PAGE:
35. me on January 8th, 2009 6:59 pm

    Ernest Ward has that many students because Century children attend there instead of Carver. My child attends EWMS instead of Carver and I would not have it any other way. I think Chris Maloney has the right idea, a nice new middle school would be the best for all children concerned.

  36. Arron McCants on January 8th, 2009 4:31 pm

    I think that the people of century should be able to have a school in there town. We dont have much in this little town, and if the school closes why should we pay taxes. leave our school open! The students have worked hard last year to bring the school up from a “F” school to a “B” school. all the other middle schools are full already EWMs has almost 450 students attending. where will our students go. They should be able to attend a school in there home town. they should not have to ride a bus for 35min. to 1 hour. KEEP CARVER OPEN IT IS THE LIFE OF CENTURY!!!!!!!!!!!!!!!!!!!!!!!!!!!!!!!!!!!!!!111

  37. Chris Maloney on January 8th, 2009 4:24 pm

    Seeing how NHS is one of the nicest facilities in the county maybe they will build a nice middle school for north escambia in a few years.

  38. taxpayer#2 on January 8th, 2009 3:29 pm

    After Carver/Century is closed, how long do you think it will be before they will decide to build a new school at Ernest Ward? Has anyone noticed the condition of that school? If closing Carver is being done to save money, then why are you closing the school with the better structure. I’ll give them two years before they will be ready to build a new school.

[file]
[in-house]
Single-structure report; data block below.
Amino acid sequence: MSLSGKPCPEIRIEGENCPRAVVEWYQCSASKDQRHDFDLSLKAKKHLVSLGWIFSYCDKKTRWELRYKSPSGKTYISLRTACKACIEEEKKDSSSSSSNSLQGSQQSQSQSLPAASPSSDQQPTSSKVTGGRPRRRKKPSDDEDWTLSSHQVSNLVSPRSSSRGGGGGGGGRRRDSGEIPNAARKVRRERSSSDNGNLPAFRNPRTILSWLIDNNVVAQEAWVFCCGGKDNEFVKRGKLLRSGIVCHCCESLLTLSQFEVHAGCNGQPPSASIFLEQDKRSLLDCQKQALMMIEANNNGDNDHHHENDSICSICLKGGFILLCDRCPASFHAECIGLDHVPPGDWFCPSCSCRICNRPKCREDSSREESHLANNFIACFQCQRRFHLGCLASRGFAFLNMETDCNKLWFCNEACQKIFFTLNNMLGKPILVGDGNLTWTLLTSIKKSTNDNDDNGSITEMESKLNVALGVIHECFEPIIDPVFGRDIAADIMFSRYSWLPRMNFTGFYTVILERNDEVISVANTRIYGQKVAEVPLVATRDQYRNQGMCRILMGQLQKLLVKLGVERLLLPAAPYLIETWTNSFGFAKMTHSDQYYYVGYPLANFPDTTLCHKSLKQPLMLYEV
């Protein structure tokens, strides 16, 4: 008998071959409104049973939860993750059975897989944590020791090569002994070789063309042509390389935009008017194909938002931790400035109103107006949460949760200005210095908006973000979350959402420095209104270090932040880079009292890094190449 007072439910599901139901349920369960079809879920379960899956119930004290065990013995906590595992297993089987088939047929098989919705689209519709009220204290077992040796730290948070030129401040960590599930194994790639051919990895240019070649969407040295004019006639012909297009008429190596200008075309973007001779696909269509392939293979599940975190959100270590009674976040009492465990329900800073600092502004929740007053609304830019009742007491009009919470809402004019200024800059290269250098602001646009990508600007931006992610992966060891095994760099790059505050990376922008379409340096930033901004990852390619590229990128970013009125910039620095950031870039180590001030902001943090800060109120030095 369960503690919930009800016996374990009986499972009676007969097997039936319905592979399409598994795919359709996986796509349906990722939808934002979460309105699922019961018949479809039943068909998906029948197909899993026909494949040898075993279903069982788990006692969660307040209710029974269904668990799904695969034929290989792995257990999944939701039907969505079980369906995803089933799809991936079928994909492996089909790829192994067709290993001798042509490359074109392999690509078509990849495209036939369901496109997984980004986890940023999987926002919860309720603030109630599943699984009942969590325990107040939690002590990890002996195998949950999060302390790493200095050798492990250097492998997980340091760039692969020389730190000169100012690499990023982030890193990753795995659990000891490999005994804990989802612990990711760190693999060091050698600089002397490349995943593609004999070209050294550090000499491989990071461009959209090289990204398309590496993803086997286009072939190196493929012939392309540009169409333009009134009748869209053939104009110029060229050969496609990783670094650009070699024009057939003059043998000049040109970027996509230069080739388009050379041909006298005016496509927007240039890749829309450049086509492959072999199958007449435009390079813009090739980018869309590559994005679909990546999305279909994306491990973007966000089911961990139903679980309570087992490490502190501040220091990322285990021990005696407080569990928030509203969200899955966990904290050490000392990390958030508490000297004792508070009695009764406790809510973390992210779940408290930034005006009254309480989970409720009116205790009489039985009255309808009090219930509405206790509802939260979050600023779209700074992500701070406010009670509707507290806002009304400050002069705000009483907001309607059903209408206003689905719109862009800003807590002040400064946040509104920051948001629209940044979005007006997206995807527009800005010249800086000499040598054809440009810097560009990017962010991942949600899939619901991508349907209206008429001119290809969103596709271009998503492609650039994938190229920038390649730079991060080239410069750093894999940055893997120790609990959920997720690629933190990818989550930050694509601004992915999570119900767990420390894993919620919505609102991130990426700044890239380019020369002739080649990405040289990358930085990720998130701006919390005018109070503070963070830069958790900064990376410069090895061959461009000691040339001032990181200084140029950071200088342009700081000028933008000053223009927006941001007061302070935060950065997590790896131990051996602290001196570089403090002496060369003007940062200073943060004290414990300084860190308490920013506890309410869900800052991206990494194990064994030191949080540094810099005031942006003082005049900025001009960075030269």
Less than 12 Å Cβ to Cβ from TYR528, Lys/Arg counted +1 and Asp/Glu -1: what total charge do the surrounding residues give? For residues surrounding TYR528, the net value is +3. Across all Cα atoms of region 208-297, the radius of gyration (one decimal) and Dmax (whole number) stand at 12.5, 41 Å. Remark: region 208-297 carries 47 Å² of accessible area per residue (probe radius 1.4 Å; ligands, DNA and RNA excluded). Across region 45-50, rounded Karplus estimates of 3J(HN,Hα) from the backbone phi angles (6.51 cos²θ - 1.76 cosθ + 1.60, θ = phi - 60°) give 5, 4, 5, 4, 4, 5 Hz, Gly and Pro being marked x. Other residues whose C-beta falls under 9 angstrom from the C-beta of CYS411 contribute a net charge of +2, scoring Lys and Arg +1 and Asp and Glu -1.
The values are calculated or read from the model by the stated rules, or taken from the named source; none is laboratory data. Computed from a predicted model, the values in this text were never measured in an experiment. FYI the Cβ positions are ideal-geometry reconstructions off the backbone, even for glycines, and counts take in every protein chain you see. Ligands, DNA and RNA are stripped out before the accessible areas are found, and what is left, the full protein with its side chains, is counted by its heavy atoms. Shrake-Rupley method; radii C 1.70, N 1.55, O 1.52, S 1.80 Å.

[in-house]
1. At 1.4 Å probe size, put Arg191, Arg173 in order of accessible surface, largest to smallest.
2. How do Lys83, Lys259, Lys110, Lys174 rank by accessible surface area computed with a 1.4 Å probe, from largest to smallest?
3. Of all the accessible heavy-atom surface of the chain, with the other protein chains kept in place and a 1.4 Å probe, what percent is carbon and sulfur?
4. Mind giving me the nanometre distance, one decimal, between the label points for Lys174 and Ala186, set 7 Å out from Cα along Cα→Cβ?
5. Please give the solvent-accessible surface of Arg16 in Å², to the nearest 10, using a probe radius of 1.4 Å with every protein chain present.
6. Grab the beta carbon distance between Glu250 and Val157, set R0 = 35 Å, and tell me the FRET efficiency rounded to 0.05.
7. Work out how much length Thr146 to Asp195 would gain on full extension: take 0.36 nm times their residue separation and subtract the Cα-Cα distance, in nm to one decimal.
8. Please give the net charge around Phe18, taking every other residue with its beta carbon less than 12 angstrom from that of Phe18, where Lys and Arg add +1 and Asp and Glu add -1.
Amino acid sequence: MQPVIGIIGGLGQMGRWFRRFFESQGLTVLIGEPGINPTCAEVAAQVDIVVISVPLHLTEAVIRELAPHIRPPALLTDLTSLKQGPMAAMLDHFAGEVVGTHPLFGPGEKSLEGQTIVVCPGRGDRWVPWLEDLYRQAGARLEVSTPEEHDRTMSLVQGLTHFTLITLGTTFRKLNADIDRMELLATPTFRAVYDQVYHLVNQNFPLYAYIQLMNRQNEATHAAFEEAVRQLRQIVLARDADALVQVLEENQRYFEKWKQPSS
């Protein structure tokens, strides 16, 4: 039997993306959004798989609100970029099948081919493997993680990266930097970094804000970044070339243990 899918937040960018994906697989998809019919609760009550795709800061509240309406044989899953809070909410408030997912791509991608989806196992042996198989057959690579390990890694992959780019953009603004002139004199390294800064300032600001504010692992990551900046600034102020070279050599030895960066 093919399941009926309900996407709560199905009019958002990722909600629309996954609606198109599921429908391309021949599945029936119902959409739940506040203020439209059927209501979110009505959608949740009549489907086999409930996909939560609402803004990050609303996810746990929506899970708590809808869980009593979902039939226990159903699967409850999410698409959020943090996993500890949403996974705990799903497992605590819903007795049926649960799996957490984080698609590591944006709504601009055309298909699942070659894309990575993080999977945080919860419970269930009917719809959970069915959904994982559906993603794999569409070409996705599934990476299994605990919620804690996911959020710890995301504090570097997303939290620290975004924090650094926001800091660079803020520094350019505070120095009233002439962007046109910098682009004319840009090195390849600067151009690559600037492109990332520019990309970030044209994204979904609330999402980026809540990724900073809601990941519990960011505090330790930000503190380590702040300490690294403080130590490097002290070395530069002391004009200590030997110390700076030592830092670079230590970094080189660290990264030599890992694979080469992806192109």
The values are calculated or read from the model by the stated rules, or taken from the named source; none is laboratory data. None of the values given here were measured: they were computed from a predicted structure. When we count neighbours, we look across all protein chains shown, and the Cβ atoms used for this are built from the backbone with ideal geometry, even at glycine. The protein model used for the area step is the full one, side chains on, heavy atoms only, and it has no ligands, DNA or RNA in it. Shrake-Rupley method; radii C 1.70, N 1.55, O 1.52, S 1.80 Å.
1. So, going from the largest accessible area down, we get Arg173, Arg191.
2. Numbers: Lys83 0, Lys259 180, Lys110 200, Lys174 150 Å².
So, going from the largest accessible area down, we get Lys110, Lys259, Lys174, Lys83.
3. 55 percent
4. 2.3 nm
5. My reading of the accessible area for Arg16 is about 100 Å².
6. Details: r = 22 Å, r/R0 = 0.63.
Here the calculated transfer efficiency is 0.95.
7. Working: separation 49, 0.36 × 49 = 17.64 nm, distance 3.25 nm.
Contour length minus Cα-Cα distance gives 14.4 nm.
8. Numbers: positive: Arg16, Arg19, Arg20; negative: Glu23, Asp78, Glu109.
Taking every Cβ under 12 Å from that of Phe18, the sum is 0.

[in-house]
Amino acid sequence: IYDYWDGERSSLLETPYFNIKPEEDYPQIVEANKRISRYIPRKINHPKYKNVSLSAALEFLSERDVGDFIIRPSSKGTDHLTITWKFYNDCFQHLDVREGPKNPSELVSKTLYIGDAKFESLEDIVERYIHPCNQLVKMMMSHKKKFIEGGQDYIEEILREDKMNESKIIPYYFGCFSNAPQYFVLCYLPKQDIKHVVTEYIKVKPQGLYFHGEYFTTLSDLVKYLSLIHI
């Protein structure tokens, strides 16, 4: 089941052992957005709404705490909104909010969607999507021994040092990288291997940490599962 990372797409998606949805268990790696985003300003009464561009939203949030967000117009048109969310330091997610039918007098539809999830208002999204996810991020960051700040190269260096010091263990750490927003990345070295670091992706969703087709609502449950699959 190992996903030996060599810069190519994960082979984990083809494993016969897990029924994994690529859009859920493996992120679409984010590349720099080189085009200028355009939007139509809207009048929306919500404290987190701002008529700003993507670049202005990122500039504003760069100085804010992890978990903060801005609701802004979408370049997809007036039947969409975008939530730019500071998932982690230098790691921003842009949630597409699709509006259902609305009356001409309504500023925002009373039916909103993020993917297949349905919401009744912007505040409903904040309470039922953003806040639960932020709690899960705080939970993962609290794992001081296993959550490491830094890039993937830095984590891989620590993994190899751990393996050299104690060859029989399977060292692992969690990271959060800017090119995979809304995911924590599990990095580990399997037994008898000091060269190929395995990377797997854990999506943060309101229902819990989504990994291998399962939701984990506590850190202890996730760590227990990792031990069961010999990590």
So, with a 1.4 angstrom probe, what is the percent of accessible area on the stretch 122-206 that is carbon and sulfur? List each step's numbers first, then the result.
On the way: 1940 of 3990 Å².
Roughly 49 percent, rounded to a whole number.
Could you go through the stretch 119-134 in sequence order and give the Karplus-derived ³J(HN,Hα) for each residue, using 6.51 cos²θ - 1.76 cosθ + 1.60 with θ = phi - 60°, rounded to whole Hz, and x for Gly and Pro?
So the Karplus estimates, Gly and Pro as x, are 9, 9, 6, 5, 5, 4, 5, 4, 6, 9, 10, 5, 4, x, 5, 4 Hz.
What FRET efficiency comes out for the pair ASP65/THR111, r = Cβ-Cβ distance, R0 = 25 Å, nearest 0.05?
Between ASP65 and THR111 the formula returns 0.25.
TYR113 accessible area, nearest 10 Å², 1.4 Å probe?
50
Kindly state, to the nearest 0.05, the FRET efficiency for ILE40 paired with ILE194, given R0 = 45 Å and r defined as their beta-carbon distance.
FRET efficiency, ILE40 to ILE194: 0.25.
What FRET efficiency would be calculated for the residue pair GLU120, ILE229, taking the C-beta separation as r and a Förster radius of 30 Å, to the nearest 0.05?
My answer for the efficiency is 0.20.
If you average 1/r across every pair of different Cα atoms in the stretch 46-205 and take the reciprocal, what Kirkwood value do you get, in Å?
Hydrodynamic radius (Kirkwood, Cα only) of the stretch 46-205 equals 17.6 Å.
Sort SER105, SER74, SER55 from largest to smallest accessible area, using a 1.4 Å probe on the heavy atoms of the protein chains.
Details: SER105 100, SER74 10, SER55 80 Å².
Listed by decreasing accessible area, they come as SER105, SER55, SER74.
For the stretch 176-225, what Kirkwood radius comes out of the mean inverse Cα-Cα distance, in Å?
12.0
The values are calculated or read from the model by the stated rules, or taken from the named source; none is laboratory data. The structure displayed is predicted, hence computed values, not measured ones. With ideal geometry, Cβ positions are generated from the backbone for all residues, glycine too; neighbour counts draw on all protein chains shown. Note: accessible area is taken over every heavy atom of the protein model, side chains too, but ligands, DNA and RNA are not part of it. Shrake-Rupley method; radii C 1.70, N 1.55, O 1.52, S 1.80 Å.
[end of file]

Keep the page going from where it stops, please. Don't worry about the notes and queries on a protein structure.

39. Jay on January 8th, 2009 2:15 pm

    “Taxpayer,” the closing of this school is no suprise to anyone except to those who refused to acknowledge the writing on the wall. Mr. Thomas never promised to keep Carver/Century open if he was elected.

  40. Taxpayer on January 8th, 2009 12:55 pm

    “Malcolm Thomas will announce later today that he is closing Carver/Century K-8 School.”

    Didn’t take long after the Elections were over to make this call. The “KEY” here is after the Elections! Fooled again,
    This is the very reason we need to have a Appointed Superintendent, thus they are able to perform their job and be truthful up front with the taxpayers without the political pressure or pay backs! call it what you wish, it’s still the same.
    Carry on citizens